Boppin’ at The Glue Factory finished post-production in 2009 and after an award-winning festival run was released through Prescreen.com, Passion River Films and Indie Rights for online distribution.

Boppin At The Glue Factory

Why?
When director Jeff Orgill discovered his video camera was missing and had been pawned by his junkie friend and roommate he was inspired to explore the relationship between addiction, friendship and co-dependency. Orgill fathomed issues about complicity, enabling behavior, trust and betrayal as he grappled with the personal horror of finding your best friend was not who he appeared to be. By transposing his personal predicament to the world of health care in an old age facility, Orgill was able to get some needed distance from this painful personal story, working in a more social and satirical commentary about a bleak American institution – the “old folks home” AKA “the glue factory.”

Boppin at the Glue Factory

How?
Boppin’ at The Glue Factory is available on VOD and DVD.

Online:

DVD:

Find out more:

We are thrilled to present the second indie film in our new column The 5Ws and How: I Was a Teenage Superhero Sidekick. We spoke to J Hanna, the writer/director of the lighthearted superhero drama.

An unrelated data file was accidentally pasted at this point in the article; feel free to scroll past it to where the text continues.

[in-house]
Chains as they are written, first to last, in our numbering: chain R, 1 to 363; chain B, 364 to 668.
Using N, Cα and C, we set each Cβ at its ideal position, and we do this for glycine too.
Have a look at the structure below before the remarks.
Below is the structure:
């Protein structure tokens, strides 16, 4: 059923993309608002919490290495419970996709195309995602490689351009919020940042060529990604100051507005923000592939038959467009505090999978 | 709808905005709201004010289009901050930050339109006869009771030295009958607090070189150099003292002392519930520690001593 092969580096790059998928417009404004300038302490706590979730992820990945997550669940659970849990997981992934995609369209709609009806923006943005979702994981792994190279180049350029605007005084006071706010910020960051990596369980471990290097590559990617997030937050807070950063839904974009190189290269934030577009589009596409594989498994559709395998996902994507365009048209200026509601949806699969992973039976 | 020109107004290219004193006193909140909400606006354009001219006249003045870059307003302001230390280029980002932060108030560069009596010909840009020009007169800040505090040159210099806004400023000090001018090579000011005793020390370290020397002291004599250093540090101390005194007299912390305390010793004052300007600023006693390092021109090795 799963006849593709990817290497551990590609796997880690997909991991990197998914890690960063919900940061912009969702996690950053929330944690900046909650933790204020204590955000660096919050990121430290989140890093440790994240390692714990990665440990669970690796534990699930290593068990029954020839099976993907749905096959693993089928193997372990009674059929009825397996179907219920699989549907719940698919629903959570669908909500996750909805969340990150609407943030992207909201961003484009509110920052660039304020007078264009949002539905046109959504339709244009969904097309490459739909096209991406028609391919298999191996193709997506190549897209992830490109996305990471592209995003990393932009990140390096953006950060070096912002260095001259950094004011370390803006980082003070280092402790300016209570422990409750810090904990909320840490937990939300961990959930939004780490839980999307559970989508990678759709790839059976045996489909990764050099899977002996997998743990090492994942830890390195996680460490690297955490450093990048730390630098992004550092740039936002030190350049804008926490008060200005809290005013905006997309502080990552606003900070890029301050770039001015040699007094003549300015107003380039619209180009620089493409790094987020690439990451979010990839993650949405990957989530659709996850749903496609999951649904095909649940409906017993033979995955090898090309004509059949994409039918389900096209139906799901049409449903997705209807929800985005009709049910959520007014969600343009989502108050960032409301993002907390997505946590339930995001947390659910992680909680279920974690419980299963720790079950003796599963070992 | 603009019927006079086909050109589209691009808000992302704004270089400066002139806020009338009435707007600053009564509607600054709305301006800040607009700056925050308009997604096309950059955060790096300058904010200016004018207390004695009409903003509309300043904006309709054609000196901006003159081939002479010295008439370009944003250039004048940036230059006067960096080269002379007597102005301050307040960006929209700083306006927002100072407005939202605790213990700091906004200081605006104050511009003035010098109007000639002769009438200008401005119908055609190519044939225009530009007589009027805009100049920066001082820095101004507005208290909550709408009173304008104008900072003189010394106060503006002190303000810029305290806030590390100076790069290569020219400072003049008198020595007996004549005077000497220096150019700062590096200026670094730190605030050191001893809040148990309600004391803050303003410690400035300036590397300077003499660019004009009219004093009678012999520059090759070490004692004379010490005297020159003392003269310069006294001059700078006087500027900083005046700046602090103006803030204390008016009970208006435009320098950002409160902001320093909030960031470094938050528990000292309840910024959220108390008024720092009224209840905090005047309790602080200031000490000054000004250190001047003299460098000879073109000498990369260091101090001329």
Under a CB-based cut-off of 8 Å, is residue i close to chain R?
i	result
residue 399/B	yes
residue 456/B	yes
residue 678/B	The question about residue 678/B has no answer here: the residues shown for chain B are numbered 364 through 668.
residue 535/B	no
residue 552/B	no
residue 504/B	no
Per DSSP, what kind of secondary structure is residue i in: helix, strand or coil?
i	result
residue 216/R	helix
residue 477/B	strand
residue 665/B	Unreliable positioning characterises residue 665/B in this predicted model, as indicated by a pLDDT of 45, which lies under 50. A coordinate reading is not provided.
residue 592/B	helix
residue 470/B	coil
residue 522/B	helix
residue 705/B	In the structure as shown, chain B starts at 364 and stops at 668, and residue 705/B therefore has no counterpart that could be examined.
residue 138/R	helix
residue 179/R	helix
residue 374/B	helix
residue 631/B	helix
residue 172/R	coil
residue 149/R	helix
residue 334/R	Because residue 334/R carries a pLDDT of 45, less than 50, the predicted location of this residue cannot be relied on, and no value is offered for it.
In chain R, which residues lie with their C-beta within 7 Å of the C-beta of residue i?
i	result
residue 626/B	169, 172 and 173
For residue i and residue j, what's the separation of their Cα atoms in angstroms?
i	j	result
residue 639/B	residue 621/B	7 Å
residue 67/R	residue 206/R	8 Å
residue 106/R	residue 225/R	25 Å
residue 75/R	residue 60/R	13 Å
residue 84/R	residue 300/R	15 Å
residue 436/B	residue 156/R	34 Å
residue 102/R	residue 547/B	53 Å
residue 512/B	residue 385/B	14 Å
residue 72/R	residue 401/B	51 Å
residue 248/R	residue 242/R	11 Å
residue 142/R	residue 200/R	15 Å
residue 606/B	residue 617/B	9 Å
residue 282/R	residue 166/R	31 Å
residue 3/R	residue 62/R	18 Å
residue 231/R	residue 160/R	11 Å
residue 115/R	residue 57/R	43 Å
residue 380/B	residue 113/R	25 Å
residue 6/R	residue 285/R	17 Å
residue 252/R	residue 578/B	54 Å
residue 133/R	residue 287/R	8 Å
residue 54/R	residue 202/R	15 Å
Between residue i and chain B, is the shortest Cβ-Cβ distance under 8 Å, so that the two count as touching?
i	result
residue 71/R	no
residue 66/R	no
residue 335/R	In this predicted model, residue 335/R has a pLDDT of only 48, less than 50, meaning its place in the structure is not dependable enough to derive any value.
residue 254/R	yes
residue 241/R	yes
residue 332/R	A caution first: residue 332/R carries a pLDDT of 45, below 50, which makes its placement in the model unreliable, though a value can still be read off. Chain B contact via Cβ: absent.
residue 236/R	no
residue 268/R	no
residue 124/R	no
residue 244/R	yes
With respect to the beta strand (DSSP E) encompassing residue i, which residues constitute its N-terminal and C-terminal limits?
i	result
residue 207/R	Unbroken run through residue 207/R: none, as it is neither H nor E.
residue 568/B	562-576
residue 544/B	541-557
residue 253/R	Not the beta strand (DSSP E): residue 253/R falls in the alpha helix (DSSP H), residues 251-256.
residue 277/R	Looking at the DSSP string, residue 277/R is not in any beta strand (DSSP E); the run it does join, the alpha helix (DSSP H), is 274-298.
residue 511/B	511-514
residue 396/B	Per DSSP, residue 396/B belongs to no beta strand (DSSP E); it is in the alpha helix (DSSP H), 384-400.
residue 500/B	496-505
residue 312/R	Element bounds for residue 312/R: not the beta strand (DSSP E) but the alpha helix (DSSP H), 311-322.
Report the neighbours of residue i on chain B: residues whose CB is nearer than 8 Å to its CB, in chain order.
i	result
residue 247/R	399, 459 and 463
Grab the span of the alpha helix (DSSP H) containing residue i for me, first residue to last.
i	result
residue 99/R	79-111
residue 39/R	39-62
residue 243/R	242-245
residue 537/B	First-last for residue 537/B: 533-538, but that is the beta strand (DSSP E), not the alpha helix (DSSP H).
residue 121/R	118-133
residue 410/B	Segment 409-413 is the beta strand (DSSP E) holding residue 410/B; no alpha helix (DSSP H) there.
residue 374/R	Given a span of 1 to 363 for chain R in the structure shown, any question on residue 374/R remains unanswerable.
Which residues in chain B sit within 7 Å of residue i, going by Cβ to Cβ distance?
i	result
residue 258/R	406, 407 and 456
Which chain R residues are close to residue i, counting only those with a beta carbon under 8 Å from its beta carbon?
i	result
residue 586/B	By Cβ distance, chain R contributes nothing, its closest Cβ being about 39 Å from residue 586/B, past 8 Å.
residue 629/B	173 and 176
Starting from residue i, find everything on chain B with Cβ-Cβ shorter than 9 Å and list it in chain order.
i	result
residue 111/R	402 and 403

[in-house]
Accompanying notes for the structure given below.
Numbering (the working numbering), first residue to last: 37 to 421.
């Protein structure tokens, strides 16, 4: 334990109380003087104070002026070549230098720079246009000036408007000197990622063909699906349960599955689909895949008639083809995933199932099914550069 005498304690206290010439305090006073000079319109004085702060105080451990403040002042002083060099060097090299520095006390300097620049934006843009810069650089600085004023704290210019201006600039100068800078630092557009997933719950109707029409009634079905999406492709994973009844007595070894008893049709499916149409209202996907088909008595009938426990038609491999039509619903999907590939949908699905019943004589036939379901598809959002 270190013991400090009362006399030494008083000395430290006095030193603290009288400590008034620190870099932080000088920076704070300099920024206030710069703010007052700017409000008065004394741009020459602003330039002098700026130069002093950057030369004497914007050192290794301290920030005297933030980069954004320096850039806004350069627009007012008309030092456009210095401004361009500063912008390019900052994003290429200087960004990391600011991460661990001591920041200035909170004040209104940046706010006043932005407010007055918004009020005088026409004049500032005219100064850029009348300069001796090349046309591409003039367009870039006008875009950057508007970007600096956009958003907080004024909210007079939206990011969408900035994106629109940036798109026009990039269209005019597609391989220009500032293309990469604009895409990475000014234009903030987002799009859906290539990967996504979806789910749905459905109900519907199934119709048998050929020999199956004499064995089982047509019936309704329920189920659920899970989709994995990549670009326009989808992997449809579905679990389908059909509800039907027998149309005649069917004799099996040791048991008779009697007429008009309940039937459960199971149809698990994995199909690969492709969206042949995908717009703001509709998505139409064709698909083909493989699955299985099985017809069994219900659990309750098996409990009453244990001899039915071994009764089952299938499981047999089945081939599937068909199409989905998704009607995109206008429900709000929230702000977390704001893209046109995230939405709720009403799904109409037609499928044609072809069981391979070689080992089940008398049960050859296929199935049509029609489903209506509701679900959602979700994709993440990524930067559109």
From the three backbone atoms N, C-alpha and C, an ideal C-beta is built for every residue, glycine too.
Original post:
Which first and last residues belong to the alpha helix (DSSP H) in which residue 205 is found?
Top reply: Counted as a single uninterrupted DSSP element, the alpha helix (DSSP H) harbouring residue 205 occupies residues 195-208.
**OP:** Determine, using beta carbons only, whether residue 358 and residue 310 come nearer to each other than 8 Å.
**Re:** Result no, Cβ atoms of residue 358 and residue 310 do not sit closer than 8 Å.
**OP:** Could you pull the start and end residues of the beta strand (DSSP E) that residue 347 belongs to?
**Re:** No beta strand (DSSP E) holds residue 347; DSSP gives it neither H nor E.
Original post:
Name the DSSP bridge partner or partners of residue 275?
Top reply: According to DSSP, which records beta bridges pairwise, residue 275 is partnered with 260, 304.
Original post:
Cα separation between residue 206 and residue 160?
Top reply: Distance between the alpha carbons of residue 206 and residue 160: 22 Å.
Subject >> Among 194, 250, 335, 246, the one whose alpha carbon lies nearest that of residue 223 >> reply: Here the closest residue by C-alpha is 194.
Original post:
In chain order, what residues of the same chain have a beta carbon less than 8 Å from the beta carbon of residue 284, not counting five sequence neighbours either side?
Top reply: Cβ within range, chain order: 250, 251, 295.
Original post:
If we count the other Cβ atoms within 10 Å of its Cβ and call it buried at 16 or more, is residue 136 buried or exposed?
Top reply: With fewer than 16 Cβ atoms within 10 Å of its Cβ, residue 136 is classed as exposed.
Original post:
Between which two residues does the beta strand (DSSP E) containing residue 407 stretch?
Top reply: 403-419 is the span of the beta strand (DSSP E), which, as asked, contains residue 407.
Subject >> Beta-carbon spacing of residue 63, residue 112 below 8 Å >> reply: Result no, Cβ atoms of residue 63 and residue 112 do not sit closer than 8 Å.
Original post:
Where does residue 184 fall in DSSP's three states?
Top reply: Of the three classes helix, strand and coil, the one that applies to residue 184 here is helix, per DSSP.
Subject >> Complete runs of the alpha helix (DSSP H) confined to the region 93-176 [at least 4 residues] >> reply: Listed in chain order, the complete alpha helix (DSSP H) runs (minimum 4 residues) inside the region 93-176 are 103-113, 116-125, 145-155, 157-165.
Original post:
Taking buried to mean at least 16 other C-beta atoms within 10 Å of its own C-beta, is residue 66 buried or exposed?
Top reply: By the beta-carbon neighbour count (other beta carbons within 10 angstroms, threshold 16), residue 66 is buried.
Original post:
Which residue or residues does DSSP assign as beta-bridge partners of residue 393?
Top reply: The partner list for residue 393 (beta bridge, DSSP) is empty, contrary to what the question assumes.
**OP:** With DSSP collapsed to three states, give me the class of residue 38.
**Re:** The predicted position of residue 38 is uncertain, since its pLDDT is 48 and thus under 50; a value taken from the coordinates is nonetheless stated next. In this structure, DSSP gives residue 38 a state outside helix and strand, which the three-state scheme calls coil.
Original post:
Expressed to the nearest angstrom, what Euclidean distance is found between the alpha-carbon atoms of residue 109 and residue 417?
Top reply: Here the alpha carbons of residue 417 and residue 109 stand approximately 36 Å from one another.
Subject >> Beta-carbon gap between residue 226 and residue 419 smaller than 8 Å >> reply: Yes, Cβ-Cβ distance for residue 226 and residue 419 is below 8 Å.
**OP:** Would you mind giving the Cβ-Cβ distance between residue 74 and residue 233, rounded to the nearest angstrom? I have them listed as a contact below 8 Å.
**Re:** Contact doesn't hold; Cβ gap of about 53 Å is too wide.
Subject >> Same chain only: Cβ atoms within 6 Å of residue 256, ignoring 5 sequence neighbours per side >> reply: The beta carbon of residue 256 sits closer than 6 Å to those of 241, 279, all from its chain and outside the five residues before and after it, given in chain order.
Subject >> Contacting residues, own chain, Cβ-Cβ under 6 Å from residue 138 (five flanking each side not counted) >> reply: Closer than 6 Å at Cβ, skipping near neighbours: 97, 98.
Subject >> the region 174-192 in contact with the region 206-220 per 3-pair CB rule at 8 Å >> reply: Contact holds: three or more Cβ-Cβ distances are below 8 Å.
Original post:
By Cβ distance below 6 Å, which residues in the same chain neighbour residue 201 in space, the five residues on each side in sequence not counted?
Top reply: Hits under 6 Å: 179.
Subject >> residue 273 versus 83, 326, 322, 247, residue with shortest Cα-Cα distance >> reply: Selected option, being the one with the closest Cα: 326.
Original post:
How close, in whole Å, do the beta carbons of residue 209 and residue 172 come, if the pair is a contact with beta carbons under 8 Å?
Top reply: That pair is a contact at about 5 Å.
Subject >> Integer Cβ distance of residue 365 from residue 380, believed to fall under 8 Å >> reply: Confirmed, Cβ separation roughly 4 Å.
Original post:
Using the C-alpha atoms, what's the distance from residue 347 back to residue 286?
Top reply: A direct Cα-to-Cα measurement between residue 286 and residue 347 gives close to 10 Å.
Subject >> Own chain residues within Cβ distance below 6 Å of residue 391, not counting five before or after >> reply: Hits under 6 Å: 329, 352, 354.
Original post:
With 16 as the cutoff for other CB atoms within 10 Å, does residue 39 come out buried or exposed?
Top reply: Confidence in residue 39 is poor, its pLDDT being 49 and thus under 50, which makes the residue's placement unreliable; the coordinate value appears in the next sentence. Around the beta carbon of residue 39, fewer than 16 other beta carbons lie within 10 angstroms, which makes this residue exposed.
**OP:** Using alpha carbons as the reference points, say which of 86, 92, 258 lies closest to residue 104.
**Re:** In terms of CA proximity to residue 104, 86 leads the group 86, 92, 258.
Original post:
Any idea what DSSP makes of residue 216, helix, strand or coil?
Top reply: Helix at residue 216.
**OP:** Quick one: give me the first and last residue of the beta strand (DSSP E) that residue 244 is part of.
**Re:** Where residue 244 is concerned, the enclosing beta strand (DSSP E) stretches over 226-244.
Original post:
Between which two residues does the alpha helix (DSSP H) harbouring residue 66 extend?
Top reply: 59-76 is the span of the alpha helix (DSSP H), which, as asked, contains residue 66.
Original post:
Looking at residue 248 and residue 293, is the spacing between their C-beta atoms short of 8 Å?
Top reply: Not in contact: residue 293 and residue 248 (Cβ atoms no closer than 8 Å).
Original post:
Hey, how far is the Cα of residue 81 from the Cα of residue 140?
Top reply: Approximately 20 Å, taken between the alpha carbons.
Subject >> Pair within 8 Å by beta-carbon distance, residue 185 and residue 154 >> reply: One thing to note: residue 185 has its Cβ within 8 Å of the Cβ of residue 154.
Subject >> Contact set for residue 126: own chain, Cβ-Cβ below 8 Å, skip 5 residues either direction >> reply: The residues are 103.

I was a Teenaged Superhero Sidekick

Who?
Directed by J Hanna, I was a Teenage Superhero Sidekick is the story of an ex-sidekick finding his way in the world, post superhero life. Produced by Kathy McCurdy, who made this movie a reality… more on that later. Our cast of characters is as diverse as the actors are. Barrett Mitchell plays Kid Dynamic, aka Larry, the ex-sidekick of the title who has to find his way in the world and find out what makes Larry LARRY. Andre Antwan plays The Frog King, the top-of-his-game superhero whose villain girlfriend, Croc Queen, played by Nicol Razon, breaks his heart and sends him down a spiral of pain and sadness. Milena Mortati plays the shrink trying to help Larry navigate his life. Emily Sandifer is Susie, Larry’s current love interest and the leader of an anti-superheros organization. Bill Ferris and Eryn Joslyn round out the cast as Dynamic Man and Electric Maiden, the people from Larry’s past who drove him out of the business.